- Why does Janie choose to tell her story only to her best friend Pheoby? How does Pheoby respond at the end of Janie's tale?
- Hurston uses nature like the pear tree, the ocean, the horizon, the hurricane not only as a plot device but also as metaphor. Describe the ways these function as both. Can you think of others?
- The novel's action begins and ends with two judgment scenes. Why are both groups of people judging her? Is either correct in its assessment?
- Many readers consider the novel a bildungsroman, or coming-of-age novel, as Janie journeys through three marriages. What initially attracts her to each man? What causes her to leave? What does she learn from each experience?
- In the novel, speech is used as a mechanism of control and liberation, especially as Janie struggles to find her voice. During which important moments of her life is Janie silent? How does she choose when to speak out or to remain quiet?
- Is there a difference between the language of the men and that of Janie or the other women? How do the novel's first two paragraphs point to these differences?
- The elaborate burial of the town mule draws from an incident Hurston recounts in Tell My Horse, where the Haitian president ordered an elaborate Catholic funeral for his pet goat. Although this scene is comic, how is it also tragic?
- Little of Hurston's work was published during the Harlem Renaissance, yet her ability to tell witty stories and to stir controversy made her a favorite guest at elite Harlem parties. Identify several passages of wit and humor in Their Eyes Were Watching God.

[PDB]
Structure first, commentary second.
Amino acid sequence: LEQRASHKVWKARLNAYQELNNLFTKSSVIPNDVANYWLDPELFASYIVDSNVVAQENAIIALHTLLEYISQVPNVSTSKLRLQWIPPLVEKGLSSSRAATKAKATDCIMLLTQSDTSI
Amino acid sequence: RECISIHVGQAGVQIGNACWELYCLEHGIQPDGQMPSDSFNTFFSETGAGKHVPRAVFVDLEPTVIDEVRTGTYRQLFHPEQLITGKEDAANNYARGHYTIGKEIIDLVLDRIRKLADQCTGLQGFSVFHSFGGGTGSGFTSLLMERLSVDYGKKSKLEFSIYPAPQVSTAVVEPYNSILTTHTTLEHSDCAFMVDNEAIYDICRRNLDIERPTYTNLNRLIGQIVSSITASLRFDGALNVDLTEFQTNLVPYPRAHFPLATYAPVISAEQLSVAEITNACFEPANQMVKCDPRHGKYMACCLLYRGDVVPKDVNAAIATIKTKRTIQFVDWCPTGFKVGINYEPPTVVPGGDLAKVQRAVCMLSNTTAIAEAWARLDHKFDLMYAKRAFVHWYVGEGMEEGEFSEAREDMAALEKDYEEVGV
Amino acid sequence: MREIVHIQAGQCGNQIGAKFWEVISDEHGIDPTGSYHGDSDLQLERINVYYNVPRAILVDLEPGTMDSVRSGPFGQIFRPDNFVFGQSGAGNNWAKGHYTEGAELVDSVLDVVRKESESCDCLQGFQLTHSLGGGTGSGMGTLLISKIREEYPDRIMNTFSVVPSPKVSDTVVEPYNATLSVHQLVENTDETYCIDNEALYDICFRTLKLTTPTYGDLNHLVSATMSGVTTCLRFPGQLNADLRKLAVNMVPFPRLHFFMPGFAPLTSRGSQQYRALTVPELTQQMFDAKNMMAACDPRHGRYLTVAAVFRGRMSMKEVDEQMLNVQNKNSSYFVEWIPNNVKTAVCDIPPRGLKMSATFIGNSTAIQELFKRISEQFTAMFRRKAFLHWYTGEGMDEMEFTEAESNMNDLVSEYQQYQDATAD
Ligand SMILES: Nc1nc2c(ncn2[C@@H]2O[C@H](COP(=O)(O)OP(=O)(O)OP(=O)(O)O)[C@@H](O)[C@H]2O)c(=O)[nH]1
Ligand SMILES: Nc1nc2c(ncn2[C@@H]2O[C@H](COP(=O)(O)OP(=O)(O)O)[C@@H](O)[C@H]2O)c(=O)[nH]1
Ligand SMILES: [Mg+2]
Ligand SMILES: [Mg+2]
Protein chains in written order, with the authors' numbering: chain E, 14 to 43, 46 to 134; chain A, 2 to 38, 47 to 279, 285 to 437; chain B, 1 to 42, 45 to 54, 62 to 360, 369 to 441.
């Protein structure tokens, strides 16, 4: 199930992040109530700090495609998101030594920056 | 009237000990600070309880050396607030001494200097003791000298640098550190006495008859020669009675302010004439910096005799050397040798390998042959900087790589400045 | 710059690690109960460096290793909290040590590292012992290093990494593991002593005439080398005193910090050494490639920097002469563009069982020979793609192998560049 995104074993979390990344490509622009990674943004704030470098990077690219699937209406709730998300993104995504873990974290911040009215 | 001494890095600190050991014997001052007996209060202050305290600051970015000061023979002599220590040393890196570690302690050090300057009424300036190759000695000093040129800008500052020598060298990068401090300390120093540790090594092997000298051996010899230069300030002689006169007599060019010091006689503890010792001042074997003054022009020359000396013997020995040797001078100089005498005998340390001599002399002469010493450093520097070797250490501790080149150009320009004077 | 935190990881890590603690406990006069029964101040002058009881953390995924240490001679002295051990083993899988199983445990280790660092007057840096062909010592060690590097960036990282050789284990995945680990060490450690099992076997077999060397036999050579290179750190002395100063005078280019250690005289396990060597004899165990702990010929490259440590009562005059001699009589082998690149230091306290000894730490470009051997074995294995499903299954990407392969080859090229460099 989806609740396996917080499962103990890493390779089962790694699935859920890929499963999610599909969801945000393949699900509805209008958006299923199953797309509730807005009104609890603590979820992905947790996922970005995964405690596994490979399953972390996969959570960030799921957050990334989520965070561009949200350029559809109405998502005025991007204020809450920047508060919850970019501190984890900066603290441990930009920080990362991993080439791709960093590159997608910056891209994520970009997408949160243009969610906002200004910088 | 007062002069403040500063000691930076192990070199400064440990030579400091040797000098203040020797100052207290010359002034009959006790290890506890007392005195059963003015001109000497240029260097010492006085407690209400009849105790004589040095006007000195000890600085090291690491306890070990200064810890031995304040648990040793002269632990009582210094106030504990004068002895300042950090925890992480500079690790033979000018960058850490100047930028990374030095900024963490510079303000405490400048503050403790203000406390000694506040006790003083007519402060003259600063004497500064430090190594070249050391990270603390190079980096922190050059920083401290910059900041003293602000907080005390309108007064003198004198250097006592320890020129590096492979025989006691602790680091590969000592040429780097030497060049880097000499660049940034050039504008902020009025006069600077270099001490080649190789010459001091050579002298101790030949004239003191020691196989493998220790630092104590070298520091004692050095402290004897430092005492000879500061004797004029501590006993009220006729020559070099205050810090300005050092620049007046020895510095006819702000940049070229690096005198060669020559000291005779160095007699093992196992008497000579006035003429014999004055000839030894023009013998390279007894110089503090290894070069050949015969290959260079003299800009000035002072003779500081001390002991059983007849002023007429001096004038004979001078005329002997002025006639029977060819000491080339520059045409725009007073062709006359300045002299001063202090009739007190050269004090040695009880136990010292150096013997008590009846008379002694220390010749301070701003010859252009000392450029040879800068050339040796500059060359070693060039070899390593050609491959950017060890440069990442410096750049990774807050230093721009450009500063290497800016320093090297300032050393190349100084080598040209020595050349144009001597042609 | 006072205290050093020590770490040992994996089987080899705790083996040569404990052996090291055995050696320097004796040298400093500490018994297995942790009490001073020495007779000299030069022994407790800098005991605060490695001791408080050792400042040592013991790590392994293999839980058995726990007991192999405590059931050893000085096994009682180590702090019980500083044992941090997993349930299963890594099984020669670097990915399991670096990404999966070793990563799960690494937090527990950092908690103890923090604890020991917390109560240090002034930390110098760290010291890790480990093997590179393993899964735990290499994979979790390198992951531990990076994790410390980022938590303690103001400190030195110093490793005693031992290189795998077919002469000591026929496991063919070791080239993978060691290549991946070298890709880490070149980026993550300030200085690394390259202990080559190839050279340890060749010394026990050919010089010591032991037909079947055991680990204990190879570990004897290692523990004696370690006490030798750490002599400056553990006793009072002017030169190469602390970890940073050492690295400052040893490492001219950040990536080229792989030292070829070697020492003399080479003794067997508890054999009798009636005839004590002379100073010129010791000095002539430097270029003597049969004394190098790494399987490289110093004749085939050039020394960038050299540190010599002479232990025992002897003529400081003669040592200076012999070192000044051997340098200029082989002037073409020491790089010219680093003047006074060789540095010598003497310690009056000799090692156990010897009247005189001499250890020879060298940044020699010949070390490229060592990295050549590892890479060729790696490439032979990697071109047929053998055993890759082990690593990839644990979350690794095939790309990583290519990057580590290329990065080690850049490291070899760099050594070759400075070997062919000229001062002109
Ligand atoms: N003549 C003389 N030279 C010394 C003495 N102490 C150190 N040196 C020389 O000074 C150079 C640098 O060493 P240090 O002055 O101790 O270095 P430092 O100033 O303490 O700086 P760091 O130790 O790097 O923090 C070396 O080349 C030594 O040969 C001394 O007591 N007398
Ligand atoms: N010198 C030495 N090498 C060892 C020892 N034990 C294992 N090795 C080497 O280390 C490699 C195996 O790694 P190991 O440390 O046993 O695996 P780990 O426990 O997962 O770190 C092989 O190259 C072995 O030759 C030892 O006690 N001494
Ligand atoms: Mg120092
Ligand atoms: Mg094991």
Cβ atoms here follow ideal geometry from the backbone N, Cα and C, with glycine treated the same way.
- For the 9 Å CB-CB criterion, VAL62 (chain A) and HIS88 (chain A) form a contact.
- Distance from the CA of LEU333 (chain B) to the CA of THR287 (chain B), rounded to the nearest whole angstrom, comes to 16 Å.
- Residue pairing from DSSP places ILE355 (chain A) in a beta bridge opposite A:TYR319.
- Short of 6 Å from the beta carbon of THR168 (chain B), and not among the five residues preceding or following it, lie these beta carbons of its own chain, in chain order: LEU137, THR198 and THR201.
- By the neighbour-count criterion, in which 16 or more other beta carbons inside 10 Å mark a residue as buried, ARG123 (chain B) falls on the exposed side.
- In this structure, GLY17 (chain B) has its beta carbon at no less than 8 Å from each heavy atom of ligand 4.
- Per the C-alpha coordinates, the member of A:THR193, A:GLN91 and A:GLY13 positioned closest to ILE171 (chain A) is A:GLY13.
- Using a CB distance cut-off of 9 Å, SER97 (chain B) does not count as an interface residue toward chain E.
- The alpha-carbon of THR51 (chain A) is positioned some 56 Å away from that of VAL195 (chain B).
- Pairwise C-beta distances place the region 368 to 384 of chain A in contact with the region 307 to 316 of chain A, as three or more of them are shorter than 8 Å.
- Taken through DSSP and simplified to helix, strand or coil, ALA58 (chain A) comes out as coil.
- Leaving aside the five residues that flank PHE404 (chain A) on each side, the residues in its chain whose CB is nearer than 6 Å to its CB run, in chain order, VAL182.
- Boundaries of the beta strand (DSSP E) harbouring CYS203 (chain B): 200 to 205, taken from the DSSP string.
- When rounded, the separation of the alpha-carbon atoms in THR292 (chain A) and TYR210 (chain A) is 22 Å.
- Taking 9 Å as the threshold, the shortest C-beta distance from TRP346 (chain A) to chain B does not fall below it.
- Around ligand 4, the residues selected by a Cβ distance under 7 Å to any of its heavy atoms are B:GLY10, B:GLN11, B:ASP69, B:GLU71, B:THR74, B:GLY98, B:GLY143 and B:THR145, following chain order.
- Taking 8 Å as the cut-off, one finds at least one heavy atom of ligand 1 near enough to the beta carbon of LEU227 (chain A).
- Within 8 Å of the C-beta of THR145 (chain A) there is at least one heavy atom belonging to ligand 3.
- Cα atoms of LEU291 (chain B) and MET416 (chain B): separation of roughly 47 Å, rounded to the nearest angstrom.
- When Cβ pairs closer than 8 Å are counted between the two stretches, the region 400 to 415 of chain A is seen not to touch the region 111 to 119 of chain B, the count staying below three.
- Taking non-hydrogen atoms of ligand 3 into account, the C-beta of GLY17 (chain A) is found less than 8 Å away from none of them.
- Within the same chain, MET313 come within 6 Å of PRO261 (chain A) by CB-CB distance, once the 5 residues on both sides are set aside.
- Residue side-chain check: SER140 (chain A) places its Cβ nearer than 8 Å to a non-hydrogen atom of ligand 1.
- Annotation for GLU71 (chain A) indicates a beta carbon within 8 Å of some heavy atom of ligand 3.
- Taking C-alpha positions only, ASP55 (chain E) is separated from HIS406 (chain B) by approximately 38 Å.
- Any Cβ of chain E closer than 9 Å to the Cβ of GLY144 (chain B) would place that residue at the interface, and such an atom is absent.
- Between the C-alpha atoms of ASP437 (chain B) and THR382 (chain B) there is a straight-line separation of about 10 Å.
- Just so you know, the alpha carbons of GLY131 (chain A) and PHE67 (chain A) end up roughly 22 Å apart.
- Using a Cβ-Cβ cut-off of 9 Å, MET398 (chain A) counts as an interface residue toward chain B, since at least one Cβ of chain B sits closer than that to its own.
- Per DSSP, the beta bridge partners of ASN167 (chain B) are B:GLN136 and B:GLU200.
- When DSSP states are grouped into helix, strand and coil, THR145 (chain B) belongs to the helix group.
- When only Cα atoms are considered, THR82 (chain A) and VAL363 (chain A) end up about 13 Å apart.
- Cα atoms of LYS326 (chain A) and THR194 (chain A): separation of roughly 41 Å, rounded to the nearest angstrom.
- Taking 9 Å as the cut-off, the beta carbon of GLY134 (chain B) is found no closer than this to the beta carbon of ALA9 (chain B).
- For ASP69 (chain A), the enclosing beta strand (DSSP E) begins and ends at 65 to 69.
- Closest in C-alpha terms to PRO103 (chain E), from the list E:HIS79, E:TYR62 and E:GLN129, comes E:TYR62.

- How does the image of the black woman as "the mule of the world" become a symbol for the roles Janie chooses or refuses to play during her quest?
- What do the names of Janie's husbands Logan Killicks, Jody Starks, Vergible "Tea Cake" Woods tell us about their characters and their relationships with Janie?
- What kind of God are the eyes of Hurston's characters watching? What crucial moments of the plot does the title allude to? Does this God ever answer Janie's questioning?
- Re-read the last three pages of the novel. How do the imagery and tone connect with other moments in the novel? Does Janie's story end in triumph, despair, or a mixture of both?
"As early as I could remember it was the habit of the men folks particularly to gather on the store porch of evenings and swap stories. Even the women folk would stop and take a breath with them at times. As a child when I was sent down to Joe Clarke's store, I'd drag out my leaving as long as possible in order to hear more."
—Zora Neale Hurston, from Dust Tracks on a Road